So what can you do with your EyePet then? Well you can check his health (using a nifty x-ray machine amongst other things), feed and wash him. You can also train him and teach him a collection of tricks. There's a soft play area, which you can customise, for your EyePet to roam in. There are also a collection of mini-games you can participate in when you own the relevant vehicle (you'll begin with a digger) and a basketball-style mini-game. Additional vehicles (including a boat, rocket, UFO, submarine and helicopter) and mini-games will cost you specific amounts of Pet Tokens however. Thankfully you'll earn these during interactions with your EyePet so it won't be long before you have enough to purchase most of the content in the game.

Another problem with the original EyePet was its long-term value. In short the game didn't really have any. Once the novelty value wore off, it's a fair bet that most never loaded the game again. Sadly the same can be said for EyePet & Friends. The game is one big sandbox for playing with your EyePet and there are no clearly defined goals here to add some focus to game. With this being a game designed specifically for younger children it's easy to understand why the game has been designed in this fashion but I also think the game would have benefited by having some long-term goals in order to encourage you to invest time in the game. Sadly, like the original EyePet, the game simply depends on novelty value and that's not enough to hold a child's interest for long.

In addition the aforementioned activities you can also customise the look of your EyePet in a variety of ways. You can change the colour of its fur and even give it a variety of styles. There are many clothes and accessories you can use to adorn it too. There is even support for creating some toys, greetings cards and stickers. You can even film your EyePet should you feel the need to. Of course to get the most out of the creative tools at your disposal you're going to need a fair bit of patience and I suspect that since the game is really aimed at younger children, not many will take advantage of them but at least it gives the opportunity for the creative children out there to add some custom content to the game.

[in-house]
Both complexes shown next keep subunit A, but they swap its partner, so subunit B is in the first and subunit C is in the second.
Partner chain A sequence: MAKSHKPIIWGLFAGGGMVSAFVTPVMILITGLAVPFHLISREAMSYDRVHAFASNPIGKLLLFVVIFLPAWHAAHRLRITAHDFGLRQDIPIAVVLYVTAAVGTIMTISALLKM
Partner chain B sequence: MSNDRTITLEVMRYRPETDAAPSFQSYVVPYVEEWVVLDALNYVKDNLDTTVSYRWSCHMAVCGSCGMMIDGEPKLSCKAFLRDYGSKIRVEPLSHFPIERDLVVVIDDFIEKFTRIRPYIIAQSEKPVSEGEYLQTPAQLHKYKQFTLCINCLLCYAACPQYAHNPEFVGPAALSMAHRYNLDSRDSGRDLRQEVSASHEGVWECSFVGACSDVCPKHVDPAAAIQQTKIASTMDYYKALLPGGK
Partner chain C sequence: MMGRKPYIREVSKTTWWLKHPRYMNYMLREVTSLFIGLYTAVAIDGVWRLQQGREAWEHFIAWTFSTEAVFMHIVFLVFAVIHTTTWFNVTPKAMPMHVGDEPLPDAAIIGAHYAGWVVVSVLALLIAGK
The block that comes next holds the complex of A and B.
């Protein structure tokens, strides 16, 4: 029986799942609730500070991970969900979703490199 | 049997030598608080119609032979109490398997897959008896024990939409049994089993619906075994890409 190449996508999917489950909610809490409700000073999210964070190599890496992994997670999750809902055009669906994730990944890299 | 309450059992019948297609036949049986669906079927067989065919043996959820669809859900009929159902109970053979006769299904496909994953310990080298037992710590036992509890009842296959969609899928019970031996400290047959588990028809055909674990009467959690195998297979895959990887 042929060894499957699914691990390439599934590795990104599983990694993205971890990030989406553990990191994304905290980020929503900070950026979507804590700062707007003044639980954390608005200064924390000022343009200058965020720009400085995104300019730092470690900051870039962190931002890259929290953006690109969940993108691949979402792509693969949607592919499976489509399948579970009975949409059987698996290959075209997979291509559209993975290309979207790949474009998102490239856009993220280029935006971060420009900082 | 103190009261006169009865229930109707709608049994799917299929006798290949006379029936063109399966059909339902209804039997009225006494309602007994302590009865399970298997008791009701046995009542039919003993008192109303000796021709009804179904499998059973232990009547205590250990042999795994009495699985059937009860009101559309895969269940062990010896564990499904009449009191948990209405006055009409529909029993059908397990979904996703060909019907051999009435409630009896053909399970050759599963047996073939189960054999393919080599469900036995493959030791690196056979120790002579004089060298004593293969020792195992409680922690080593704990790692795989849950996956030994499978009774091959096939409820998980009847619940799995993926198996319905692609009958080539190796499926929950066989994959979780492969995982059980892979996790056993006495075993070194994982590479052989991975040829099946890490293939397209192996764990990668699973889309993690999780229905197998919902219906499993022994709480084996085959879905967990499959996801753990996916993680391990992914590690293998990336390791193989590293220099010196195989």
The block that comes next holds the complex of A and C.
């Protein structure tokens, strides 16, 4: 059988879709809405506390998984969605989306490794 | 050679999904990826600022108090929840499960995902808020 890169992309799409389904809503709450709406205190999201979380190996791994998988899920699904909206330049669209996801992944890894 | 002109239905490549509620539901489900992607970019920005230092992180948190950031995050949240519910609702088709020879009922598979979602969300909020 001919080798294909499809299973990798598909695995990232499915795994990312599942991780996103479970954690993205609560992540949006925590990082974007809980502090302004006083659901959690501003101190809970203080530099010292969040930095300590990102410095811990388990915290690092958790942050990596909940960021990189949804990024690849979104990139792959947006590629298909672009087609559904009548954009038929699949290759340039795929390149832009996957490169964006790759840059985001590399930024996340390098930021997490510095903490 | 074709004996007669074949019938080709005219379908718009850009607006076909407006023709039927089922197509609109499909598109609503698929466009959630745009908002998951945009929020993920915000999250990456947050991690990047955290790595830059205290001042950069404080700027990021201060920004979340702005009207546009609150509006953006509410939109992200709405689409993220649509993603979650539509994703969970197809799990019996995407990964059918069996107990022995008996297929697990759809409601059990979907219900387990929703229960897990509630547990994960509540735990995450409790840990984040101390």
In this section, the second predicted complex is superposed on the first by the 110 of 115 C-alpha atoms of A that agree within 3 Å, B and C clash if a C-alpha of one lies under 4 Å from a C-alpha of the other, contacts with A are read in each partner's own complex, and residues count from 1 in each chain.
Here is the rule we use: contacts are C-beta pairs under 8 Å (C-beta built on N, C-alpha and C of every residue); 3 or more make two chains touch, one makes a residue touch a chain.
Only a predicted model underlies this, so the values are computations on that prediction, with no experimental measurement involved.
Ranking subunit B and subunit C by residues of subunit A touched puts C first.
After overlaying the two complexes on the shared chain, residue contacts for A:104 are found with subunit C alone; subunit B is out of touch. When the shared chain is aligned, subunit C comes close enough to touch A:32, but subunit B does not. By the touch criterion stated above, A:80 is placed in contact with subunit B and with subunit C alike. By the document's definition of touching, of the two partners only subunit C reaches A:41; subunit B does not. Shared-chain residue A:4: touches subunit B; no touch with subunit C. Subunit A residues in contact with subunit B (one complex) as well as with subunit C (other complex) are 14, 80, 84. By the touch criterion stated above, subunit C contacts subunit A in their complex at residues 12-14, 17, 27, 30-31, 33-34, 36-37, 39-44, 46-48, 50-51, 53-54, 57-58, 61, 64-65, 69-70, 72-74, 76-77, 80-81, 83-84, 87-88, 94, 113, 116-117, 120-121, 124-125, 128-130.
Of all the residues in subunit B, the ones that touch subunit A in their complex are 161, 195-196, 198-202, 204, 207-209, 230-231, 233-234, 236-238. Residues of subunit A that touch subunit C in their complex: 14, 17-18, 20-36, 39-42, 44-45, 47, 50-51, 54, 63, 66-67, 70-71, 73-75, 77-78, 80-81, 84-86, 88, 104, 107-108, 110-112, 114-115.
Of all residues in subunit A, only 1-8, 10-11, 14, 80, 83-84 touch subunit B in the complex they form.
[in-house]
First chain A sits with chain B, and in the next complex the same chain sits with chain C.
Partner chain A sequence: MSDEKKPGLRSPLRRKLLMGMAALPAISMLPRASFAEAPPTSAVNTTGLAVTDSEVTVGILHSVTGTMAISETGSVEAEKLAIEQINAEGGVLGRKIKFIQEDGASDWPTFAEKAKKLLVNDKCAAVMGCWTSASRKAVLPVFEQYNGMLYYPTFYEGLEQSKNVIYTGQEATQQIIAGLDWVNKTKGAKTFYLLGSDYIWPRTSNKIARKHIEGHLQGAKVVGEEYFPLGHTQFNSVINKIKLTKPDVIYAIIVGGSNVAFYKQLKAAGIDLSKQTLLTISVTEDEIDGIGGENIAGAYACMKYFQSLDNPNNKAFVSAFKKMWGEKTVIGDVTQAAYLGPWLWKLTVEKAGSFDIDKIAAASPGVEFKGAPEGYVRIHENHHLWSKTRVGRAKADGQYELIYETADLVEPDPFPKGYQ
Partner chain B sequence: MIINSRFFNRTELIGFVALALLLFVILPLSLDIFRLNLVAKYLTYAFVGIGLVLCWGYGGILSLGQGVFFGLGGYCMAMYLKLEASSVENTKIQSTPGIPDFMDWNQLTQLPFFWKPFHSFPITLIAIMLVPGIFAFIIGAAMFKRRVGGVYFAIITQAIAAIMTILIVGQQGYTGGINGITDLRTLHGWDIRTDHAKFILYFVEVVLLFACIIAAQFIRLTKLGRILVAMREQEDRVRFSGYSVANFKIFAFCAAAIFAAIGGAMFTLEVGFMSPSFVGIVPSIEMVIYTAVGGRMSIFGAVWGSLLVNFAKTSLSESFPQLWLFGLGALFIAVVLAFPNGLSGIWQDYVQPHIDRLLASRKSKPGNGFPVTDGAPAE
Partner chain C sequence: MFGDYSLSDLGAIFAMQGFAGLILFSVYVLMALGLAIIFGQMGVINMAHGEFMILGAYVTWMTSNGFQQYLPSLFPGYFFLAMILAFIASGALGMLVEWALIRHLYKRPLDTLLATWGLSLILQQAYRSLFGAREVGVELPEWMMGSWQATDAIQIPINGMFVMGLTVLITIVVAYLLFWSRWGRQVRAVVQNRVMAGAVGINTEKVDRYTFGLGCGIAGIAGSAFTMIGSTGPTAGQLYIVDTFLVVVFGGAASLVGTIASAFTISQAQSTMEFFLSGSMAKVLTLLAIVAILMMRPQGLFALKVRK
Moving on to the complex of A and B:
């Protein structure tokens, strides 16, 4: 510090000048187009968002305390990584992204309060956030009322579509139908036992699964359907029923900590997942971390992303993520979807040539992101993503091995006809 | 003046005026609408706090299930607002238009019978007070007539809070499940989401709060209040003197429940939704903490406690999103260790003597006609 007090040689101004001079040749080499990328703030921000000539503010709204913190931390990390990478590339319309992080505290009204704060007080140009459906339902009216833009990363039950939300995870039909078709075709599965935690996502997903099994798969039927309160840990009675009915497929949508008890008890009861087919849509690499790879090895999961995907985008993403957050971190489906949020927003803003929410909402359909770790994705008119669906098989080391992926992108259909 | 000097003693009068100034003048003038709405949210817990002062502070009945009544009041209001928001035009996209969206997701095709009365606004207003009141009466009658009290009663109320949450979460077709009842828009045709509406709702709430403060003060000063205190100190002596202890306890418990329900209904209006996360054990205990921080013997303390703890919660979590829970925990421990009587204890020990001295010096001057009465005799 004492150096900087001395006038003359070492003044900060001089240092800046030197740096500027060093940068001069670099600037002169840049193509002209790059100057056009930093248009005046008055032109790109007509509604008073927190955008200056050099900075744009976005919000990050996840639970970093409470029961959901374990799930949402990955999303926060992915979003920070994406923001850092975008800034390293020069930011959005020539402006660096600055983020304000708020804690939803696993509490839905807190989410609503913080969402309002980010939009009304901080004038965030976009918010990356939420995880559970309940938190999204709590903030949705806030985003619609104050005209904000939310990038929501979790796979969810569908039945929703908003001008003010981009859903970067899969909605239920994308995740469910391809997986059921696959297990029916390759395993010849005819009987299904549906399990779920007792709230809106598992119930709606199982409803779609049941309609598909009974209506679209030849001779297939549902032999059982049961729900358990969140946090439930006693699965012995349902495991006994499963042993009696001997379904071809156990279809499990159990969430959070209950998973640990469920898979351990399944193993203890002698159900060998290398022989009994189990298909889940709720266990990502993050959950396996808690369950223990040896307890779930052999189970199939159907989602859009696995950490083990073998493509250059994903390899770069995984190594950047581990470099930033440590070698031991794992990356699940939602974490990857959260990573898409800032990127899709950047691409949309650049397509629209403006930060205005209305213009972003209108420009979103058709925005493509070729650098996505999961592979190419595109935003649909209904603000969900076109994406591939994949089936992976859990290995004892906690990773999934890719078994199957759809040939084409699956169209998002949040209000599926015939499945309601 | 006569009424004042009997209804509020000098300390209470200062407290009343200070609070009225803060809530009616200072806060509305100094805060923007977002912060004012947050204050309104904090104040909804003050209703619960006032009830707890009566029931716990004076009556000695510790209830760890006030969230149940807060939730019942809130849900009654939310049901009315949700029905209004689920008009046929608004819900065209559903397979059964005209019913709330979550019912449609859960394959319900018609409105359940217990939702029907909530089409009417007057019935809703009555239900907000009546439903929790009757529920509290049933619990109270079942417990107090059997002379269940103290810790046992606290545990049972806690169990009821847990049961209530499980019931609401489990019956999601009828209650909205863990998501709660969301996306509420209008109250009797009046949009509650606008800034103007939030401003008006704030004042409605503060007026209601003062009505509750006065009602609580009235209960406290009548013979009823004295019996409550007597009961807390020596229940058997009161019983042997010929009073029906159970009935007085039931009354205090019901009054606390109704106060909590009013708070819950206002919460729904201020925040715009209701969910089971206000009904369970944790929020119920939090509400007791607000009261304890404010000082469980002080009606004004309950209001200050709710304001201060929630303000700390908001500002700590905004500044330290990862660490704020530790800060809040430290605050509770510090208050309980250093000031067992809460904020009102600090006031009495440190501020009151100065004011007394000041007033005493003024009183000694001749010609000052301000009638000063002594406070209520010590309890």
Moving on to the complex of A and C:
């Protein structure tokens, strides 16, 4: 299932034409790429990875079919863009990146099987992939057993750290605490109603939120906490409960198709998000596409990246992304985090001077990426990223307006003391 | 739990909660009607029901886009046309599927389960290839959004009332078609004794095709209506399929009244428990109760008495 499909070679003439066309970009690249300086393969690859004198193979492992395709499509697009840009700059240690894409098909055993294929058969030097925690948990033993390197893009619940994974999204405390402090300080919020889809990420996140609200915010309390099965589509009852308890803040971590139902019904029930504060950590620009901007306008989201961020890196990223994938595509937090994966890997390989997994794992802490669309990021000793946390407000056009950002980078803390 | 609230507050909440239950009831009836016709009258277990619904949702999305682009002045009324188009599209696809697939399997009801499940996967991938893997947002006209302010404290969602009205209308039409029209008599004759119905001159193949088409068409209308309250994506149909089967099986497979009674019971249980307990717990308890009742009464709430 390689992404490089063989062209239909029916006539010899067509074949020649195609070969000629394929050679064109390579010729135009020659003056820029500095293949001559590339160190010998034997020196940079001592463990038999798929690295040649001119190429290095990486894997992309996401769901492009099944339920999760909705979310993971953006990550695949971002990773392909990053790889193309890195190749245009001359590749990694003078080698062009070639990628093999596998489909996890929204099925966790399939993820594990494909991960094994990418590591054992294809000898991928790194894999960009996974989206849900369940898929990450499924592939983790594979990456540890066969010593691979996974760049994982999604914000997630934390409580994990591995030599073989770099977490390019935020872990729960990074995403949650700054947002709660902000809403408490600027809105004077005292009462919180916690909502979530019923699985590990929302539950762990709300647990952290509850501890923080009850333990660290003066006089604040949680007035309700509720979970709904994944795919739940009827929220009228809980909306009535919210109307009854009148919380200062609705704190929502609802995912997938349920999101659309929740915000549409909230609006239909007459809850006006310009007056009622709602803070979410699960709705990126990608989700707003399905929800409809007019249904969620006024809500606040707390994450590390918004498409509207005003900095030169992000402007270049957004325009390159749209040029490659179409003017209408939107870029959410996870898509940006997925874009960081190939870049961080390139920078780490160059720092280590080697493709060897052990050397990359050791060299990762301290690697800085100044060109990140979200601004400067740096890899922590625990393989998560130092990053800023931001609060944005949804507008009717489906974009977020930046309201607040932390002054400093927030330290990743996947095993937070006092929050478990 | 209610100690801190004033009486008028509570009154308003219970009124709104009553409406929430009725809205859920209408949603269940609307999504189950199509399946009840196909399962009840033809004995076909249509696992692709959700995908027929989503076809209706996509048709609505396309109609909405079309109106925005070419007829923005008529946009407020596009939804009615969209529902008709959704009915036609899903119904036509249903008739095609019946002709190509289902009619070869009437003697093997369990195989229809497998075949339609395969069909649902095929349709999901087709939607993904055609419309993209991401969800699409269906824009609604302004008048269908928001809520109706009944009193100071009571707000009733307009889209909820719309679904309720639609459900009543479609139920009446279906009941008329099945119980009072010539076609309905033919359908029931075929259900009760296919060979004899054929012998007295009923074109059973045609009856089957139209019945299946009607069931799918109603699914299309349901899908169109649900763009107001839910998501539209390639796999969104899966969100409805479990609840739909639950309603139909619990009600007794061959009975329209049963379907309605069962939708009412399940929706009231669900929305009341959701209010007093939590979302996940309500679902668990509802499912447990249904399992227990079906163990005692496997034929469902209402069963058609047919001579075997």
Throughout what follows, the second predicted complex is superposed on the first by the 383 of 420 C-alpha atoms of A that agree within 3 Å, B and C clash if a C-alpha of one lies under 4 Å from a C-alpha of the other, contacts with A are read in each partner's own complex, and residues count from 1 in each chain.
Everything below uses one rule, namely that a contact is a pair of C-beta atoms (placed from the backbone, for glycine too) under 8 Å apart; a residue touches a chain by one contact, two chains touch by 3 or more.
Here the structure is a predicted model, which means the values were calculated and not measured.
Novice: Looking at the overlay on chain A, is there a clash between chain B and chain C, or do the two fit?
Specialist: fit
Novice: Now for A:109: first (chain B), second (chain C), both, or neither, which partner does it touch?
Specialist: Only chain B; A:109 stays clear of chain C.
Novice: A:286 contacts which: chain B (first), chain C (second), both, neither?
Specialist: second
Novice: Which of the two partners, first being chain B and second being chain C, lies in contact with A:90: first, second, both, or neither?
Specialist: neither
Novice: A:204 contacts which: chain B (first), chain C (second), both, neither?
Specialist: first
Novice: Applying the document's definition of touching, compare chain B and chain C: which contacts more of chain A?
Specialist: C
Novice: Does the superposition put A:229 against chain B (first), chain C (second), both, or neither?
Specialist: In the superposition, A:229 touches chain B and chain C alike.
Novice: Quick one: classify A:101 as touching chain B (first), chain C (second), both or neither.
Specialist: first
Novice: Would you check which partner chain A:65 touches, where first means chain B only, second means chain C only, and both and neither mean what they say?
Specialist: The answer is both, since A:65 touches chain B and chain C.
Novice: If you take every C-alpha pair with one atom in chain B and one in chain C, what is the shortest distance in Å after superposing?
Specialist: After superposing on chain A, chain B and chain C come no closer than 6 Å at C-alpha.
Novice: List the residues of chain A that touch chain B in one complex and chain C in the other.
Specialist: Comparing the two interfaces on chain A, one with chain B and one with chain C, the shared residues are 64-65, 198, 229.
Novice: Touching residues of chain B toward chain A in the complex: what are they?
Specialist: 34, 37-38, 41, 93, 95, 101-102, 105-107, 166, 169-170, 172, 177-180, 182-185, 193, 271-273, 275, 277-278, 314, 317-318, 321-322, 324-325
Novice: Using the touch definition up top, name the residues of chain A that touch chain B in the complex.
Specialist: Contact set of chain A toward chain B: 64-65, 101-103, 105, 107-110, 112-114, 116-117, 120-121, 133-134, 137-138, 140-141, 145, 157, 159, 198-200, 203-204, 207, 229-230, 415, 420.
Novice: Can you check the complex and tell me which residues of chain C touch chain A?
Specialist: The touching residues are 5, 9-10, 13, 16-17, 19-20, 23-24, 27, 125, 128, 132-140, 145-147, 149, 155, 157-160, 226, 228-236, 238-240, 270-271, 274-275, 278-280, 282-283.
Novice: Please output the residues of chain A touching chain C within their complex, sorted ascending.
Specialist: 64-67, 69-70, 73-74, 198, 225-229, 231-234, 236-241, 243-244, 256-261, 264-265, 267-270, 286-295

Visually the game doesn't appear to be much different from the original EyePet. The EyePet still looks and animates in exactly the same which will be disappointing for those who were expecting some variation in the look of the creature this time around. The visuals on the whole are very simplistic in detail and everything is brightly coloured to appeal to younger children. Unfortunately the game has some technical issues with some frame rate problems and load times that are both lengthy and numerous. Even the most patient of children will tire of the wait they must endure after spending several hours with the game.

The original EyePet was disappointing because it just didn't live up to its full potential. There were glimpses that hinted the game could really have been something special had the problems been rectified. EyePet & Friends doesn't even suggest that it could have been anything worthwhile. The game has some technical issues with long loading times being the most annoying of these. The novelty of looking after your own virtual pet will wear off pretty quickly if you've played the original EyePet as this sequel doesn't really do anything to freshen up the experience and there's still no long-term value to be had with the game. More seriously however, there is no support for deaf gamers and as a result it's a game that no deaf or hard of hearing person should consider. If there is to be another EyePet game in the series, major improvements need to be made and hopefully the first thing on the developers' list of things to add will be subtitles but some long-term goals would help to enhance the experience.

In our opinion this game is: Poor
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Deaf Gamers Classification